David C. Chambers, one of the promising young business men of Redding, California, is a member of the firm of Chambers & Campbell, hardware merchants. He was born in San Francisco April 4, 1866. His father, Horace B. Chambers, and his grandfather, David Chambers, were both natives of New York. They were stockholders in the bank of Page, Bacon & Co., San Francisco. The ancestors of the family came from the north of Ireland. Mr. Chambersí mother, nee Medorah Hatch, was born in Ohio. Her father, John Hatch, a native of Vermont, first came to California in 1834, in the interest of the American Fur Company. In 1849 he brought his family to this coast and settled in Sacramento, living in a tent. He opened a jewelry establishment there and made that city his home until 1888, when his death occurred.

The subject of this sketch was educated in the public schools of Sacramento and at a boarding-school in Oakland; he spent six years of his young life in the hardware store of Huntington, Hopkins & Co., Sacramento. With his cousin, William N. Campbell, his present partner, he engaged in the stock business in Butte County. Two years later they sold out and purchased the hardware business they are now successfully conducting in Redding.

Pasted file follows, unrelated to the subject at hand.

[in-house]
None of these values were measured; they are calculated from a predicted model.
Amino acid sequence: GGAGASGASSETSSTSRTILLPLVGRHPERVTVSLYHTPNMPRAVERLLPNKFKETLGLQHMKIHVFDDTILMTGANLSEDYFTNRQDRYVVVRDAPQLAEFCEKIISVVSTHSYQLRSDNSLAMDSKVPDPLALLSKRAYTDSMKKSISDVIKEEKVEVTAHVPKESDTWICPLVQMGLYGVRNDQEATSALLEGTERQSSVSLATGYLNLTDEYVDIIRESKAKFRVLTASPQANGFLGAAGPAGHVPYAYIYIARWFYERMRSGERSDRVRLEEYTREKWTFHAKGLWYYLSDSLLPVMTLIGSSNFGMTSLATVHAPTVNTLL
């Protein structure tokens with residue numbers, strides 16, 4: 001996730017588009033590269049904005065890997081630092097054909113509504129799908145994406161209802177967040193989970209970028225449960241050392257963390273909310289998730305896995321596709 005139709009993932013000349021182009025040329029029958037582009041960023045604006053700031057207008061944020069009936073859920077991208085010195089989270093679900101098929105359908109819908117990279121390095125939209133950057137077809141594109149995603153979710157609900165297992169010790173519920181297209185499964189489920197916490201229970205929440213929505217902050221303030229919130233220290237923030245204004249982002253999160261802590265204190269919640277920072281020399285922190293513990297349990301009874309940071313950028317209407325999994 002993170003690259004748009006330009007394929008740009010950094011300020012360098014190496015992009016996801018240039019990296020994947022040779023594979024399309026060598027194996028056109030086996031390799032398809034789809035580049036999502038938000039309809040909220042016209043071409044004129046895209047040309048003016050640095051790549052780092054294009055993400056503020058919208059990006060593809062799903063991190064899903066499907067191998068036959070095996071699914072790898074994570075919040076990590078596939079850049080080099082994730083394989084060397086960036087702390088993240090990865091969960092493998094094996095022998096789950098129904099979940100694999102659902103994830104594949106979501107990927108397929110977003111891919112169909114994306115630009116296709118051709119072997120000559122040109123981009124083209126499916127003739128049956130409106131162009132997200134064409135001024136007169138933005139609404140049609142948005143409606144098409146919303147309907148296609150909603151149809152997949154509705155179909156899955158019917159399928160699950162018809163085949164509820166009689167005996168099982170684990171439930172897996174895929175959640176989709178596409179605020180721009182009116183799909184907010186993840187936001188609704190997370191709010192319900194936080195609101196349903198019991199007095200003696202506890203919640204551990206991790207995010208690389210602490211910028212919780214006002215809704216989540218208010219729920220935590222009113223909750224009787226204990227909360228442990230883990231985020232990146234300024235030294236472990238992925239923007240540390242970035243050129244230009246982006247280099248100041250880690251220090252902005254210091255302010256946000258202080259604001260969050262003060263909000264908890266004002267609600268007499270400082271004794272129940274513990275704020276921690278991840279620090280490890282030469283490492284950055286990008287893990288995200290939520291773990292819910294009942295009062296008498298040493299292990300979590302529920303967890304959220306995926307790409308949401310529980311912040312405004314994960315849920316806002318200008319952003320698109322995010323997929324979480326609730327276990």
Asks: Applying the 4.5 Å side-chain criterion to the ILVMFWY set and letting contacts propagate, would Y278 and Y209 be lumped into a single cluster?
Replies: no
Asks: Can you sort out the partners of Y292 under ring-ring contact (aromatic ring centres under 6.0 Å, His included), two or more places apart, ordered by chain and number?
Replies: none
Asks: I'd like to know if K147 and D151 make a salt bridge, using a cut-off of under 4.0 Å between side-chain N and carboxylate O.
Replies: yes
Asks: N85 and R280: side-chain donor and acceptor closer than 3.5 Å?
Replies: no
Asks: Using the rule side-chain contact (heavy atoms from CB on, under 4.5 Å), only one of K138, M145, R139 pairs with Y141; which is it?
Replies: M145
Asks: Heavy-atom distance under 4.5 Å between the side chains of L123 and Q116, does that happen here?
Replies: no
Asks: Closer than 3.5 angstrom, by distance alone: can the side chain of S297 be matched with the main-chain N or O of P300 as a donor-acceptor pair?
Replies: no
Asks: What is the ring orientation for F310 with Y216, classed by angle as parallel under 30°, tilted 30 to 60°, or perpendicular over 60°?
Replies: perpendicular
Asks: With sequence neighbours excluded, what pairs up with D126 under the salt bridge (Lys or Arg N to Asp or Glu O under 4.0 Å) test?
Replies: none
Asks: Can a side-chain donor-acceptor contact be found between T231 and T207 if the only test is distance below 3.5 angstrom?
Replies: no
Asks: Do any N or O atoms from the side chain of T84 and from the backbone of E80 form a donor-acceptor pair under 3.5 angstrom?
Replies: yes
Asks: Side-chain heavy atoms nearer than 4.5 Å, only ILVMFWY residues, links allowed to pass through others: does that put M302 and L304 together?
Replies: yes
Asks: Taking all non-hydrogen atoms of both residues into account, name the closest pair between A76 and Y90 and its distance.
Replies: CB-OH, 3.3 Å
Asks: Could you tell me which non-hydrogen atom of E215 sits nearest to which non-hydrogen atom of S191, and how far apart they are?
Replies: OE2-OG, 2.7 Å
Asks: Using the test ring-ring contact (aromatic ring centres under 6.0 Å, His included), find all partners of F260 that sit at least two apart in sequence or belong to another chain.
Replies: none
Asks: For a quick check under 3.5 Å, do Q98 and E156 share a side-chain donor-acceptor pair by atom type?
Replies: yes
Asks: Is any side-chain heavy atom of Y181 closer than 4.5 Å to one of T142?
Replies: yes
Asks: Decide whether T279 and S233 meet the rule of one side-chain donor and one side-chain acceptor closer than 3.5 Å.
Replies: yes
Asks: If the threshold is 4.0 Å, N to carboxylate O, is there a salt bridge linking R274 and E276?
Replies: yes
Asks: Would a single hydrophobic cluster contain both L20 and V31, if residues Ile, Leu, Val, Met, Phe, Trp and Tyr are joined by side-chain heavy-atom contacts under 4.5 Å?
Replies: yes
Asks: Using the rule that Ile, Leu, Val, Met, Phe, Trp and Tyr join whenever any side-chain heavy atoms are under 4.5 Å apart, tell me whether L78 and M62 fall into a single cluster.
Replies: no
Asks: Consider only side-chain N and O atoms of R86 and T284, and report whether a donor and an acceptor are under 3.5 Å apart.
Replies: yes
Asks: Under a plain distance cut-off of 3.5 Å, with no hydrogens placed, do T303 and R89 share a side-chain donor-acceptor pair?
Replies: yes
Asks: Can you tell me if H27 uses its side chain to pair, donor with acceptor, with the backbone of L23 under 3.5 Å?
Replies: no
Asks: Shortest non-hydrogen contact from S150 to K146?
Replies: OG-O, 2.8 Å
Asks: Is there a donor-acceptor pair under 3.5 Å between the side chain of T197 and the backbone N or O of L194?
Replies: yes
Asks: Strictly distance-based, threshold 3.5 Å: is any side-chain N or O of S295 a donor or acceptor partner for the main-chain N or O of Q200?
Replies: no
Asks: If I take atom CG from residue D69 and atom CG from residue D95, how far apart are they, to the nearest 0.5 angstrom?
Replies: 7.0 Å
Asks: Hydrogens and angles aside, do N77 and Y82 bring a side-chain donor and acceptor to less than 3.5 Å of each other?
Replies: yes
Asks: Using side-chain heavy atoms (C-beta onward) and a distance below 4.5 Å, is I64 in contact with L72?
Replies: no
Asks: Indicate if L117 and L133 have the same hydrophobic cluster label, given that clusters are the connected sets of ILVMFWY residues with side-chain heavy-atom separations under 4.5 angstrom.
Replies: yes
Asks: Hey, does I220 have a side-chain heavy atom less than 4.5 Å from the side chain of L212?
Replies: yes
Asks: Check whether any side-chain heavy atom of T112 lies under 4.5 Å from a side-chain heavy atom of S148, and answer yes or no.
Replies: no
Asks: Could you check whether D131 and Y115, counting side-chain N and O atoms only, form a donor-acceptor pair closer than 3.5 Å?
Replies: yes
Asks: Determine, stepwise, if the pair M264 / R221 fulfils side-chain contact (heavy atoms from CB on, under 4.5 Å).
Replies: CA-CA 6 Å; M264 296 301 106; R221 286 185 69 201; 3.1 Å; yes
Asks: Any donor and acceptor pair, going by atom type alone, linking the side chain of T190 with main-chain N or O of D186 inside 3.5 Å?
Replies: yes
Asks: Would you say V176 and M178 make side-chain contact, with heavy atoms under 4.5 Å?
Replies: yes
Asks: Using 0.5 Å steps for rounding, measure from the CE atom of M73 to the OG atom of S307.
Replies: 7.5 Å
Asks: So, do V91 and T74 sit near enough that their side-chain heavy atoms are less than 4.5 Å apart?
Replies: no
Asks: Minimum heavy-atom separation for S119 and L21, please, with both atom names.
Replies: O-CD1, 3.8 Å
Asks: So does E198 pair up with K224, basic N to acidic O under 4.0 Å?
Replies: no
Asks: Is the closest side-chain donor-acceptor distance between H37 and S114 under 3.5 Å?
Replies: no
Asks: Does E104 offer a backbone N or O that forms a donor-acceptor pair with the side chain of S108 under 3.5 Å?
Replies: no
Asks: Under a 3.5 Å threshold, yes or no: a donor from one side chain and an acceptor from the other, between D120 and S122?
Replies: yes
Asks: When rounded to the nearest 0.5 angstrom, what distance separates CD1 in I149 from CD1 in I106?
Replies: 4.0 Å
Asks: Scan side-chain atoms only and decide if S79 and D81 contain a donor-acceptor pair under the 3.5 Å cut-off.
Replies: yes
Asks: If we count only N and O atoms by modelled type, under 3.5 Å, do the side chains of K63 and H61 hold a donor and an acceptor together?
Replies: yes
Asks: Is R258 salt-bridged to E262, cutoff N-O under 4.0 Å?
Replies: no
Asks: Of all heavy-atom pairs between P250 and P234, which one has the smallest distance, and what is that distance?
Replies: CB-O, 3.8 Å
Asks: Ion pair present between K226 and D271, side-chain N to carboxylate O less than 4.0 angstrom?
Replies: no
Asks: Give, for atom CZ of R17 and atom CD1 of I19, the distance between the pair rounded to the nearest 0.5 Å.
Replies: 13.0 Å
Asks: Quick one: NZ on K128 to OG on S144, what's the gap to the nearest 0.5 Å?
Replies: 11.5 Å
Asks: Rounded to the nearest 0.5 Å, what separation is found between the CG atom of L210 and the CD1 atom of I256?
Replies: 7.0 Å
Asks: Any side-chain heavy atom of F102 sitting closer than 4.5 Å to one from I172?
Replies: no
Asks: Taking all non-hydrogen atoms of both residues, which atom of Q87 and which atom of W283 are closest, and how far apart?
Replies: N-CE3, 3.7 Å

Mr. Chambers is President of McCloud Parlor, No. 149, Native Sons of the Golden West, at Redding. He is one of the building contractors of their Army Hall Building and Loan Association. On Admission Day, 1890, the Redding Parlor of Native Sons took sixteen Indians to San Francisco, under the charge of D. C. Chambers. They were dressed in their aboriginal attire, and formed an attractive feature of the procession.

Transcribed by Kathy Sedler, August 2004.
SOURCE: Memorial and Biographical History of Northern California, The Lewis Publishing Company, 1891. pg. 362-363

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